Yes, if you don't have any web sites that use Java, I would not have it installed. But if you do run into a web site that uses Java, I wouldn't lose any sleep over installing it. Just keep Java up to date.

    Jerry

  10. #23
    3 Star Lounger Coochin's Avatar
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    Quote Originally Posted by Hitmaker View Post
    To avoid updating two browsers .... 'remove' IE ... by unclicking it ..... here .... Control Panel / Programs and Features / Turns Windows features on or off ...
    That merely removes the start menu shortcuts to IE. In reality IE is required for Windows to function correctly.

    Several times I have had to reinstall Windows on customers' PCs after they had forcibly uninstalled IE (manually deleted IE files & registry keys). The next time Windows is restarted it will almost always crash with a BSOD during startup.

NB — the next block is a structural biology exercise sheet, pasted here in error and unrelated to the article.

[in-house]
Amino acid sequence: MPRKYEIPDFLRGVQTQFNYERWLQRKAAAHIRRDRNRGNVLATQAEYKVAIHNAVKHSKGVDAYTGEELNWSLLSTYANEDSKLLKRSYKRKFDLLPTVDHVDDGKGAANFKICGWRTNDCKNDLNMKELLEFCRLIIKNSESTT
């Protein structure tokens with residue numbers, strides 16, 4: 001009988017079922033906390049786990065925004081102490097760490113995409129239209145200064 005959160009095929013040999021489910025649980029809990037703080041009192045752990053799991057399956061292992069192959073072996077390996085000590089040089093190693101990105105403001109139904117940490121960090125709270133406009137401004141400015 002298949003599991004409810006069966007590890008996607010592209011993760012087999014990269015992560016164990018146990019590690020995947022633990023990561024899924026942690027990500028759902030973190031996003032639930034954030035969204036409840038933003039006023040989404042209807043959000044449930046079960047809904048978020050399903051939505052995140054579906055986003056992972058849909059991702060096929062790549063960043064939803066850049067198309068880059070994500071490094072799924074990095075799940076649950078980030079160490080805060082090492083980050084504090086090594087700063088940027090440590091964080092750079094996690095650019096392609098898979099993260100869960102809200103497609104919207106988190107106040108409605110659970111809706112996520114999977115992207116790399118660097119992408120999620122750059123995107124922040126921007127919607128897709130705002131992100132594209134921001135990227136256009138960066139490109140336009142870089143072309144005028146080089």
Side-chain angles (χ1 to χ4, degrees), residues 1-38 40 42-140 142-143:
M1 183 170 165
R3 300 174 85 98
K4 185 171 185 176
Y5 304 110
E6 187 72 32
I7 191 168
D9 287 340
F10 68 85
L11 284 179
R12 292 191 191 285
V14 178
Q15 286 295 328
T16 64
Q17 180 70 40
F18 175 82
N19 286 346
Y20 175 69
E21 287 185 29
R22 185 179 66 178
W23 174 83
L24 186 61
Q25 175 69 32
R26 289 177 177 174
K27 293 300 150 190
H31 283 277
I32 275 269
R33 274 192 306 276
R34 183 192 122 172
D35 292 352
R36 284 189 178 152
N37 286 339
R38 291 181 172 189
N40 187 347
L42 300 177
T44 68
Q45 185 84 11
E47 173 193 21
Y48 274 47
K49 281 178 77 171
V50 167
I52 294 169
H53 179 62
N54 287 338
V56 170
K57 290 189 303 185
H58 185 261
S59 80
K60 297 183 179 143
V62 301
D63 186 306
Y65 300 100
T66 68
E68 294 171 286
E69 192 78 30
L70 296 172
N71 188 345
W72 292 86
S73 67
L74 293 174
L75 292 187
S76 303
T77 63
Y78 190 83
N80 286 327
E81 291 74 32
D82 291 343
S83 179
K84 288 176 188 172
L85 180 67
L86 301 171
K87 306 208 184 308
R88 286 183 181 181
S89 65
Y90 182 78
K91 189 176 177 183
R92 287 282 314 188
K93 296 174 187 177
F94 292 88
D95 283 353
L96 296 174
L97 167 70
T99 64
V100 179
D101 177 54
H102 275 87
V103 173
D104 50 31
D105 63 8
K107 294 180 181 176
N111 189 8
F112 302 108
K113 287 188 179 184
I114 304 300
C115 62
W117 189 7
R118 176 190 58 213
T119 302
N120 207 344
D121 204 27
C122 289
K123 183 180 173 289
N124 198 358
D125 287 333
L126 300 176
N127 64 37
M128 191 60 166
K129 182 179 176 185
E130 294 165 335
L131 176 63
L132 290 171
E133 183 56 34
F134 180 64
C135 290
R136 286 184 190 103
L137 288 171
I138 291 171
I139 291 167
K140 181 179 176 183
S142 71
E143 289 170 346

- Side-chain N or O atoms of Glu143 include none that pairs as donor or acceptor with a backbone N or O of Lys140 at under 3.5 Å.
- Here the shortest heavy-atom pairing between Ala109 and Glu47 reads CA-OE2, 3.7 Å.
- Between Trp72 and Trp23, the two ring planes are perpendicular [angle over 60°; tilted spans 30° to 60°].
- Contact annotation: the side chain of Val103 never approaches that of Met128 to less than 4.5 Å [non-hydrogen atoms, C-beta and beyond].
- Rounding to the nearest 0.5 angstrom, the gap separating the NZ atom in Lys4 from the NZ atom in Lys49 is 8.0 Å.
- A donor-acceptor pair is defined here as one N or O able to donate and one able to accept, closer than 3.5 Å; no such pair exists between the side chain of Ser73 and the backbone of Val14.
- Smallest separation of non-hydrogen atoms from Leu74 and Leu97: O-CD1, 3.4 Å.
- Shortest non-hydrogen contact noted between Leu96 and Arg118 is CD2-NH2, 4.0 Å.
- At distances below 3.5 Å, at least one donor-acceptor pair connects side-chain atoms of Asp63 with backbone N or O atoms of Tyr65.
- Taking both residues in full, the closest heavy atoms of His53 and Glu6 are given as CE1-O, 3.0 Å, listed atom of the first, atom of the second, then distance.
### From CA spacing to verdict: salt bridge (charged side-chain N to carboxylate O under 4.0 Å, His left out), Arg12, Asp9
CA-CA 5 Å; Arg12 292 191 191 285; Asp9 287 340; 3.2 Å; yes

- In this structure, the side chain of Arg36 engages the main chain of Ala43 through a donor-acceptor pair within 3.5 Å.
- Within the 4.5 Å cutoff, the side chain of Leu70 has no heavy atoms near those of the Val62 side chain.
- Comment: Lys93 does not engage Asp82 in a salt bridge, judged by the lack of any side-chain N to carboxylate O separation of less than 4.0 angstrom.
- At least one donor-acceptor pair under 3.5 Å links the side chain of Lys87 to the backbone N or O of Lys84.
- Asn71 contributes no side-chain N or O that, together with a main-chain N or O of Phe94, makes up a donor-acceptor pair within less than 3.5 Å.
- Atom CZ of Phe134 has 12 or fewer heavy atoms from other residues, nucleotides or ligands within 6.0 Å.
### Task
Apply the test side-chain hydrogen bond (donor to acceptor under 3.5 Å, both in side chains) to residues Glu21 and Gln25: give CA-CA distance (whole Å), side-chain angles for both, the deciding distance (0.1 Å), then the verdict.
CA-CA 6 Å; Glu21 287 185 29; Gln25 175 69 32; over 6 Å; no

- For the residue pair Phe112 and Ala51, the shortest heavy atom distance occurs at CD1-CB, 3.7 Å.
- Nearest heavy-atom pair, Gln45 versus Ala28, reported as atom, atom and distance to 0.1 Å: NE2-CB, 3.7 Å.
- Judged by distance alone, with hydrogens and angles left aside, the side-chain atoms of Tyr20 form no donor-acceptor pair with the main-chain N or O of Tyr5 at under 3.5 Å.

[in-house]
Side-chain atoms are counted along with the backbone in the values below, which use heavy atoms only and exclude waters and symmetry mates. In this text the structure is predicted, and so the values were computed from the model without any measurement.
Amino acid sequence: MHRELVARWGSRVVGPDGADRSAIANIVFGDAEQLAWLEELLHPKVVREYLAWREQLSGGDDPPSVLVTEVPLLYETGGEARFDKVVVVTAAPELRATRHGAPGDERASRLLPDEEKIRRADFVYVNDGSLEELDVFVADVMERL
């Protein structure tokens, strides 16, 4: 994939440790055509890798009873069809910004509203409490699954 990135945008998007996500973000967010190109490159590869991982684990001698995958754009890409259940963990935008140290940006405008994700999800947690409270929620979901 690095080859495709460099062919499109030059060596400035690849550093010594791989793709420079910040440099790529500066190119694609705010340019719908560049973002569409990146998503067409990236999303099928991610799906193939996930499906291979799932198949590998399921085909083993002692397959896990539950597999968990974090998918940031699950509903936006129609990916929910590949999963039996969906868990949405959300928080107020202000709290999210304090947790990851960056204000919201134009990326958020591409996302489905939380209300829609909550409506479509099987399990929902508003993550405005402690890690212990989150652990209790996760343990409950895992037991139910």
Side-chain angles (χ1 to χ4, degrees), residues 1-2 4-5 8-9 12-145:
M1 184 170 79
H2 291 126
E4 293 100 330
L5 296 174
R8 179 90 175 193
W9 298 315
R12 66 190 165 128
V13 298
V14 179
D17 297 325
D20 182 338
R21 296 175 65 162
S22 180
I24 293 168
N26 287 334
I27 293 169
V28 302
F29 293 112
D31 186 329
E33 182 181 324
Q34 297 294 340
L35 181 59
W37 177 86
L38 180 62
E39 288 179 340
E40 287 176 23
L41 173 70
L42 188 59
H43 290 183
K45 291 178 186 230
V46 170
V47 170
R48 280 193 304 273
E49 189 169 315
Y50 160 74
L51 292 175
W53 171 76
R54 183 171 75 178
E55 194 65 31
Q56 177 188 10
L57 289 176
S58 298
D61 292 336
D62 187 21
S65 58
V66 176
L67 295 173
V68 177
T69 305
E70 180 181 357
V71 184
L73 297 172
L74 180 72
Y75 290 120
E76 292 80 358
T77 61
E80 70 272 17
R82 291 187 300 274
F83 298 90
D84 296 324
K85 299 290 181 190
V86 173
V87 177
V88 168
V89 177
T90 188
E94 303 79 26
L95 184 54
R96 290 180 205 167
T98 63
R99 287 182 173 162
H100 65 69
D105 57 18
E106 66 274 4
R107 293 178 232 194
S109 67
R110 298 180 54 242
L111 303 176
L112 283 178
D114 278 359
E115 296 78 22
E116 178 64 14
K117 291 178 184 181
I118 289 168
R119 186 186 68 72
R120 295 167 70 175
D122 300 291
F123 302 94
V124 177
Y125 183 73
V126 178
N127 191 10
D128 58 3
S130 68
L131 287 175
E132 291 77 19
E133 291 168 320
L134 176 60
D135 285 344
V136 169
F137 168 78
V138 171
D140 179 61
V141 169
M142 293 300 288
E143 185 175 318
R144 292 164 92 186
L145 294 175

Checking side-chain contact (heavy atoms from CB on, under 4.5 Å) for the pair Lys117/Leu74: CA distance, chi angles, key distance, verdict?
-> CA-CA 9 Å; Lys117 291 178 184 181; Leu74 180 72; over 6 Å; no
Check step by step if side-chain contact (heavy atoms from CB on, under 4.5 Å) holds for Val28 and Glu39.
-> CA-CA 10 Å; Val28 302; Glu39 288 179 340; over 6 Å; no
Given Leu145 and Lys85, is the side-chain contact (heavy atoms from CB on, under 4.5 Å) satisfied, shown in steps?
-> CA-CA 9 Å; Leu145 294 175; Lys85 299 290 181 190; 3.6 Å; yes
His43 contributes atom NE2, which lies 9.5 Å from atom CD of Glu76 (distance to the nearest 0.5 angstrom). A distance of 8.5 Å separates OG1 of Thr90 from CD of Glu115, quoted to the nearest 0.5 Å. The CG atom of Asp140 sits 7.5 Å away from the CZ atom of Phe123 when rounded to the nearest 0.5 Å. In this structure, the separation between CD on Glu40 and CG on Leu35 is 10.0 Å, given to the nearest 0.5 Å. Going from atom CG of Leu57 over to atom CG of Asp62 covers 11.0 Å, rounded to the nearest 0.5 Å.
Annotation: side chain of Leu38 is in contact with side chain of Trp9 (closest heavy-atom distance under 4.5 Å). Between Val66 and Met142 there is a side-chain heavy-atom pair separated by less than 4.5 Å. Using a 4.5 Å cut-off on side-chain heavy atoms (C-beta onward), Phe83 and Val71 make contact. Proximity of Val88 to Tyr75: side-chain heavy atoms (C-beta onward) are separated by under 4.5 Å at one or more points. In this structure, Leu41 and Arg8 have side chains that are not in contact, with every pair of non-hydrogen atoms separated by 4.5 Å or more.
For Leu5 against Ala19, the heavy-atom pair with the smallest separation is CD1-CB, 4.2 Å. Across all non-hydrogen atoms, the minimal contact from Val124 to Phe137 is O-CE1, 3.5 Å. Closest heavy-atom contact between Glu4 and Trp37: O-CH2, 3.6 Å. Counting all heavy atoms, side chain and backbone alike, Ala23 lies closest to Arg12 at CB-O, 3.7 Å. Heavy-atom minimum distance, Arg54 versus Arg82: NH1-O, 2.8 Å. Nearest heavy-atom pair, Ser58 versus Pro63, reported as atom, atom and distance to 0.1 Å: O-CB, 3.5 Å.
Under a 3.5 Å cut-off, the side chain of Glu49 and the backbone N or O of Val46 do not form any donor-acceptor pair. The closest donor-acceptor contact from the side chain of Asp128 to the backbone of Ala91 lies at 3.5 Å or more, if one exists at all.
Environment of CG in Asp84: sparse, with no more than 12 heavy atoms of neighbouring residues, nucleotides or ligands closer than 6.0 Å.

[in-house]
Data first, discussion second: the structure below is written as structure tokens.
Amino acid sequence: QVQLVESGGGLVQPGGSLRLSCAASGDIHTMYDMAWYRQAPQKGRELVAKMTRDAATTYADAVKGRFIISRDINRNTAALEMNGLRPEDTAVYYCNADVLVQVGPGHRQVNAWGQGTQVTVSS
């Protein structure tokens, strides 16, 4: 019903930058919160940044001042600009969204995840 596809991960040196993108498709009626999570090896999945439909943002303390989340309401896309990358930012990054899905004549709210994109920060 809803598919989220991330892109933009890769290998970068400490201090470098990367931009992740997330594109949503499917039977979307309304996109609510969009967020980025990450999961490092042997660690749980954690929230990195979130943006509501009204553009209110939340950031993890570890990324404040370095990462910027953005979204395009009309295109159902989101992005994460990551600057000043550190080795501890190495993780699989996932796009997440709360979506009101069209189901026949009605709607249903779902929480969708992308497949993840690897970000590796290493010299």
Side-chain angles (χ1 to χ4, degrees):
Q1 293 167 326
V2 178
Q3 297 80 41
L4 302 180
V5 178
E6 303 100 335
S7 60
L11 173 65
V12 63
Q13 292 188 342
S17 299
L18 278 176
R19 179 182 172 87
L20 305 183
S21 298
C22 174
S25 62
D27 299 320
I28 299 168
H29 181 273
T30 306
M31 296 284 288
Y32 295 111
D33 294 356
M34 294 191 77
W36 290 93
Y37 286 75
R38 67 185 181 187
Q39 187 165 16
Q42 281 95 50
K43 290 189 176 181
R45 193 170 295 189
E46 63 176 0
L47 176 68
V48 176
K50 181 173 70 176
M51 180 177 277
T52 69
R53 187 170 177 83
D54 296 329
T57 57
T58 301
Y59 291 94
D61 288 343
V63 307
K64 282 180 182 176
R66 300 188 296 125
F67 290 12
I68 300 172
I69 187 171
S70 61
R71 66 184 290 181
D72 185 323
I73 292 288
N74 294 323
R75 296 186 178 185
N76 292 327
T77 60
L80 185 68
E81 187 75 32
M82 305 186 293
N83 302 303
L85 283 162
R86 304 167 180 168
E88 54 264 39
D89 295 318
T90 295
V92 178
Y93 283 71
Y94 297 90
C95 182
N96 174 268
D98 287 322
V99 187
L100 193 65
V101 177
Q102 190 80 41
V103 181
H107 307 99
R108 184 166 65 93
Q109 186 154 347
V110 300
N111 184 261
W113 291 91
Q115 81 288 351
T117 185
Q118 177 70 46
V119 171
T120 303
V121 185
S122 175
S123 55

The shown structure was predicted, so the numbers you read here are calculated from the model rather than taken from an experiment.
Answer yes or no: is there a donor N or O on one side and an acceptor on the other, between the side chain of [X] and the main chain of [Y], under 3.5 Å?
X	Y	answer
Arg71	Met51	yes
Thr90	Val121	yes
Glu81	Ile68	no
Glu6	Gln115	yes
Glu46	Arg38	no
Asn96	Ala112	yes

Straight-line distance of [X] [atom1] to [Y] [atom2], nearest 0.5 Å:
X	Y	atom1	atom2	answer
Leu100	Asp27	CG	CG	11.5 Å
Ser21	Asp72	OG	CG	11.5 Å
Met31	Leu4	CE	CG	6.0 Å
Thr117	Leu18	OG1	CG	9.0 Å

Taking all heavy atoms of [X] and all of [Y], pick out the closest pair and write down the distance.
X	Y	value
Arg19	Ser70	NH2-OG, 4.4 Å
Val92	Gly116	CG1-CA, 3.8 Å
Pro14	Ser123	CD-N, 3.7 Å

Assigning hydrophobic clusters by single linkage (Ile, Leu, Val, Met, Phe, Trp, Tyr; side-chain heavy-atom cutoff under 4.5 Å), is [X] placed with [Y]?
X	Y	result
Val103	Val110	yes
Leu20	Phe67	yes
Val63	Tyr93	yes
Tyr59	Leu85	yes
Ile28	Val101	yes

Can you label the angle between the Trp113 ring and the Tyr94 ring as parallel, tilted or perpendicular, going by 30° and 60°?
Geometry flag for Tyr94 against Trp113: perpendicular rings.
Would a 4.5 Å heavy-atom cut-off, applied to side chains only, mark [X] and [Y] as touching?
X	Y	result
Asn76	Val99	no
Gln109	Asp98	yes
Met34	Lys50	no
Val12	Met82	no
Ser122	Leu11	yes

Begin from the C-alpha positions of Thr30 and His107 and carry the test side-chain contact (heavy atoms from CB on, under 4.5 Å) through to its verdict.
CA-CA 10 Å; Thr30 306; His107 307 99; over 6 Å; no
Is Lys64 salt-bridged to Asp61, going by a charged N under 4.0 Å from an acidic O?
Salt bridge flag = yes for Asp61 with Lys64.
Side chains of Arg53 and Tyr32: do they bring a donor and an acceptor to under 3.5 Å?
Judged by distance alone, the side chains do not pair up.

For most users Windows Update should be set to "Install updates automatically", which will keep whatever version of IE is installed on the system updated.
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  11. #24
    3 Star Lounger Coochin's Avatar
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    Quote Originally Posted by KritzX View Post
    ...I never installed Flash or Java yet on this PC. It already came down with an infection once, thanks to Flash, and I'm really leery of installing it again...
    I have always had both Flash and Java installed on all my own PCs, but make sure they are updated as new versions are released.